First up, Agata Korecka tackled “Death, dying and light entertainment” through medical reality television. Shows in the UK like Embarassing Bodies, or US-based shows like My 600 Pound Life, and a variety of other programs depict people with medical issues for entertainment or education. Sometimes, the subjects of those shows die, such as in the case of Robert Buchel, who died soon after filming. Korecka examined public reactions to the show during the airing, and then after the announcement of his death during the program. Kelsey Perreault ended the session with, “The Church of Bones and the human rights of the dead.” She explored a church in that displays the bones of various individuals in patterns across the chapel, and the treatment of these bones as a dark tourist destination. One audience question was about the gift shop offerings and commodification of the dead. Perreault also addressed questions about “protecting the dignity of the dead.”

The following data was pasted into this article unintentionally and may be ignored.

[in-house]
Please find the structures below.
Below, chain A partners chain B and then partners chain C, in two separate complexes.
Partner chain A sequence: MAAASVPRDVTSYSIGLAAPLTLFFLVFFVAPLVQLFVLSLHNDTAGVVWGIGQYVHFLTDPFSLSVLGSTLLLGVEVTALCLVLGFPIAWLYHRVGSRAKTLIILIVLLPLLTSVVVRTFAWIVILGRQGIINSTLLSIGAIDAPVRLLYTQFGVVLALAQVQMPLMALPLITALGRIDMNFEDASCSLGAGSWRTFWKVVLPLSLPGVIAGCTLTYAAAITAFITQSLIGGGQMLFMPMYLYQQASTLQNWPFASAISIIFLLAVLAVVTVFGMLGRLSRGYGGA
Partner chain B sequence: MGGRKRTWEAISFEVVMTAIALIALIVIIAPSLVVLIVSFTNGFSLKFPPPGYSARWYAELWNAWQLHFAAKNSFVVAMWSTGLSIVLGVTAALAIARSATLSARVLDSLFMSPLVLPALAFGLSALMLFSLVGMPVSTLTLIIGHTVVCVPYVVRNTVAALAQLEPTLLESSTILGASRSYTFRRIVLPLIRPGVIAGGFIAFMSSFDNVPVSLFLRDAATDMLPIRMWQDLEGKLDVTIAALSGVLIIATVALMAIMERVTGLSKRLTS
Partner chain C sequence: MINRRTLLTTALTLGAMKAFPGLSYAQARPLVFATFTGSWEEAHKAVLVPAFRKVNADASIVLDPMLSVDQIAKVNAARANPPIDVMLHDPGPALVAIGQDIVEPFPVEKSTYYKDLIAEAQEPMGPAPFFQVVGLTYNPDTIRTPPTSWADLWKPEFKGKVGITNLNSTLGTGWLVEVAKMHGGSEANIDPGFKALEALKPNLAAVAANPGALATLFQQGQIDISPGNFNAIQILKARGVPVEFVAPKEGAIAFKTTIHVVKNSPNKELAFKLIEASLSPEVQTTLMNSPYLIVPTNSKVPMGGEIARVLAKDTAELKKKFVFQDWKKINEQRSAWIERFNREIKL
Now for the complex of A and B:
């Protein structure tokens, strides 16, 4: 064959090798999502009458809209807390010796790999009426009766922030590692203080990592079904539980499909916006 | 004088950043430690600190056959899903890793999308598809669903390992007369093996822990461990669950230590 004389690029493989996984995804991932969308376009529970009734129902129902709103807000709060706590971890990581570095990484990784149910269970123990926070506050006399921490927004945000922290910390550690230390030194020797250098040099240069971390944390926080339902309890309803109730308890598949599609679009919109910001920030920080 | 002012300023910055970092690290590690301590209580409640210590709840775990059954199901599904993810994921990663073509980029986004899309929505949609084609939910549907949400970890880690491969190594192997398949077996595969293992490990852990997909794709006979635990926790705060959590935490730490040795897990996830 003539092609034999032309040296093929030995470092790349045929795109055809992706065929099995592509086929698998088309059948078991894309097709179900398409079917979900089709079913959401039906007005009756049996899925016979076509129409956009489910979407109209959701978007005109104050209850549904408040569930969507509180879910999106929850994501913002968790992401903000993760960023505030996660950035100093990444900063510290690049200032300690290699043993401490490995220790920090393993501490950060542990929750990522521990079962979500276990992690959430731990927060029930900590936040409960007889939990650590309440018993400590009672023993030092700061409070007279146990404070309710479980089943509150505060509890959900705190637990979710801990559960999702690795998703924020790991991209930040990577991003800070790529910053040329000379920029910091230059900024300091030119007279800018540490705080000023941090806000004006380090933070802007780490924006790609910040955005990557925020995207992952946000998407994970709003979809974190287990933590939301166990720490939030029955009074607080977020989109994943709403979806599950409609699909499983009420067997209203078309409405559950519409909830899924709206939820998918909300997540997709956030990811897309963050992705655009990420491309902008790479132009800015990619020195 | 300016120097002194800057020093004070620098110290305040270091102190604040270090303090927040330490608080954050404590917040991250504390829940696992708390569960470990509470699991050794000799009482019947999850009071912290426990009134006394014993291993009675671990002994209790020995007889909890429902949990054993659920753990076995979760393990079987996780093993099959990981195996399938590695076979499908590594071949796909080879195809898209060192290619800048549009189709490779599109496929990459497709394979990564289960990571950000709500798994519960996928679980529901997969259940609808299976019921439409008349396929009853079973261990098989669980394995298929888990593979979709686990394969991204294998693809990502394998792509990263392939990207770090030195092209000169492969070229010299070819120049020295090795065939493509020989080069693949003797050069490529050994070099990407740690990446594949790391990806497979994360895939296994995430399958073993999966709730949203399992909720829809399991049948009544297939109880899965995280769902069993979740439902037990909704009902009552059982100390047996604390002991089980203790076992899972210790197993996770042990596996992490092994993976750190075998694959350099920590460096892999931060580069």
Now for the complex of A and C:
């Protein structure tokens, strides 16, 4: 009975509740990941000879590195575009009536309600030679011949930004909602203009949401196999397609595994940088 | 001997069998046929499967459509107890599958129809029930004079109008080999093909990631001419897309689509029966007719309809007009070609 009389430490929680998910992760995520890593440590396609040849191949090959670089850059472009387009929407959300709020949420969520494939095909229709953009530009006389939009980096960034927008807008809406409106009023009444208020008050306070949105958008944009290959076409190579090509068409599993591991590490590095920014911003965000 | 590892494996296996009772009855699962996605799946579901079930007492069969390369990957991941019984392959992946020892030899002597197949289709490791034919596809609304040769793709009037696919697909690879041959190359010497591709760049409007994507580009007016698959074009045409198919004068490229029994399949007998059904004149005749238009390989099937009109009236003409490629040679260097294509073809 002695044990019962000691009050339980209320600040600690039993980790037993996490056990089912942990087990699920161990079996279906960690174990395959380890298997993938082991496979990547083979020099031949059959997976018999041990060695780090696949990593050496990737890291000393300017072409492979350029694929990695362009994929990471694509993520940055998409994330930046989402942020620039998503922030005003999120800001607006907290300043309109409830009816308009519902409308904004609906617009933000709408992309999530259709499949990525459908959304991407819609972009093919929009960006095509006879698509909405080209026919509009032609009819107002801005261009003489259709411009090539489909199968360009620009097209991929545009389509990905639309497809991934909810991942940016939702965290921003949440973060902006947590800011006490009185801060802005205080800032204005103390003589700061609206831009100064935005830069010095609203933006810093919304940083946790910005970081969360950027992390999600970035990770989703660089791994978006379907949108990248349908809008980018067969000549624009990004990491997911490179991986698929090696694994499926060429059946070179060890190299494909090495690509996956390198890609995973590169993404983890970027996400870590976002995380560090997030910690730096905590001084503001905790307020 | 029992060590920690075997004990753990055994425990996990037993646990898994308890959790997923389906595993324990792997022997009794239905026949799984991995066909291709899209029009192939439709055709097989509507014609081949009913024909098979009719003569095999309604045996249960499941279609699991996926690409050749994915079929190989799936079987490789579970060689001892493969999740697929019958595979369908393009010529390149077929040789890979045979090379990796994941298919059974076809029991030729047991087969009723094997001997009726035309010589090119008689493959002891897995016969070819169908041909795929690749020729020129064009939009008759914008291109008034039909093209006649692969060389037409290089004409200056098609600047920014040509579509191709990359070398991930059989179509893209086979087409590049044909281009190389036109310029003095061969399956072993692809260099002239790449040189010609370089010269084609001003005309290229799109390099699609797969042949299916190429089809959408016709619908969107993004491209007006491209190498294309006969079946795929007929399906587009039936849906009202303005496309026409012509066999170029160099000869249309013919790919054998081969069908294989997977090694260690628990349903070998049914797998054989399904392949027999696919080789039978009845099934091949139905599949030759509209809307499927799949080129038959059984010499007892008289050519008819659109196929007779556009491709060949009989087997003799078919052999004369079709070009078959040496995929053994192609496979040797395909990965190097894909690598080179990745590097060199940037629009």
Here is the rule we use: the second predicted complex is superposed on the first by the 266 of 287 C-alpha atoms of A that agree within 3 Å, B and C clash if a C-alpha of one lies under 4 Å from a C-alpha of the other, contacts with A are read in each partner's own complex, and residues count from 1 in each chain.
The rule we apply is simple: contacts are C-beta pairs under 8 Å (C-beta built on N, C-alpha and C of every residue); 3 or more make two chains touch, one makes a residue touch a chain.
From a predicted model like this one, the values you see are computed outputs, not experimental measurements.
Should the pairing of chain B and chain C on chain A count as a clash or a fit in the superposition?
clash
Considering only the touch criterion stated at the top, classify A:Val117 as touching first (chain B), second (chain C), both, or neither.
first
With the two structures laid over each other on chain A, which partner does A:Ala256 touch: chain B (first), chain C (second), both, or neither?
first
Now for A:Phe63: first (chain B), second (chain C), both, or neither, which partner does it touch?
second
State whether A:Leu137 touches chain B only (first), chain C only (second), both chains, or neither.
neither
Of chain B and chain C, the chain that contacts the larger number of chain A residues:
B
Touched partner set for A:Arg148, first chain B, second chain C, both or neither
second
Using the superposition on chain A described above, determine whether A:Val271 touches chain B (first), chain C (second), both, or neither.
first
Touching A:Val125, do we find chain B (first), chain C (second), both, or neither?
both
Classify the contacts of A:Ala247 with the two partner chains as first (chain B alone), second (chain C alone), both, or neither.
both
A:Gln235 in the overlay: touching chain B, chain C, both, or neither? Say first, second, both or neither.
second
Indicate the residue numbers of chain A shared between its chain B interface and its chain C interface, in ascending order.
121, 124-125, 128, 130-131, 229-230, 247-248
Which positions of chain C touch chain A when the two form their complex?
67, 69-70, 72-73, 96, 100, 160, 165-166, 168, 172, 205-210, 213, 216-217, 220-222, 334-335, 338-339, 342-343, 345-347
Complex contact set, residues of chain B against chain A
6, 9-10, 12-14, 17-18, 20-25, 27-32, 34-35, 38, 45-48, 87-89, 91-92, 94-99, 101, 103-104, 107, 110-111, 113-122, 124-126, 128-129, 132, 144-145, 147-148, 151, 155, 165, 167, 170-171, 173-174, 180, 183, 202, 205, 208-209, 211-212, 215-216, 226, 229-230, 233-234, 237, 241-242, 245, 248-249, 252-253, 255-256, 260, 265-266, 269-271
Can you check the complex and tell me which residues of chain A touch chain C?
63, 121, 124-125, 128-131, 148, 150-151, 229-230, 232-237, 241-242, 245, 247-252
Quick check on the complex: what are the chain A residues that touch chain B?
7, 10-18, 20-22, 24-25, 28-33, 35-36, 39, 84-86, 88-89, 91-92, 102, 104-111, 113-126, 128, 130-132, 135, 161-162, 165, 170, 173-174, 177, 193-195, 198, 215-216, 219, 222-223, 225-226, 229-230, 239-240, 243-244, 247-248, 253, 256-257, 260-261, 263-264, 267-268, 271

20180907_161715My last session of the day was “Digital Reimaginings” with Kelly Richards and Matt Coward. Kelly did an amazing job discussing “Reimagining the personification of Death in popular culture” with a talk that included comics, movies, and other popular culture and their depictions of death. Her multimedia presentation included some fantastic video clips (Bill and Ted! Mighty Boosh!!) and she even finished the session with a great rebuttal of some quite strange questions. Matt ended the conference with a bang, discussing death and video games. I learned about some new games I want to play (Graveyard Keeper!) and now have a different perspective of seeing death spaces in video games, as well (not cool to ransack graves, God of War).

And just like that, DaCNet 2 was done. I hope to see a lot of the same folks at the 14th International Conference on the Social Context of Death, Dying and Disposal in Bath this September. Until then…

DaCNet Conference: Day 1

By Katie Clary

img_8ac6ph.jpgNight 1 of the conference I headed over to a pub for games and introductions to the DaCNet crew. I knew I was in the right place when I walked in and heard people asking, “Are you here for death??”  I met all kinds of people from all over the world working broadly with death; Maggie, a doula and activist from the Bay area, Ruth from York who studies sociological aspects of death and criminology, Janieke from the Netherlands who studies funereal music… and so many more.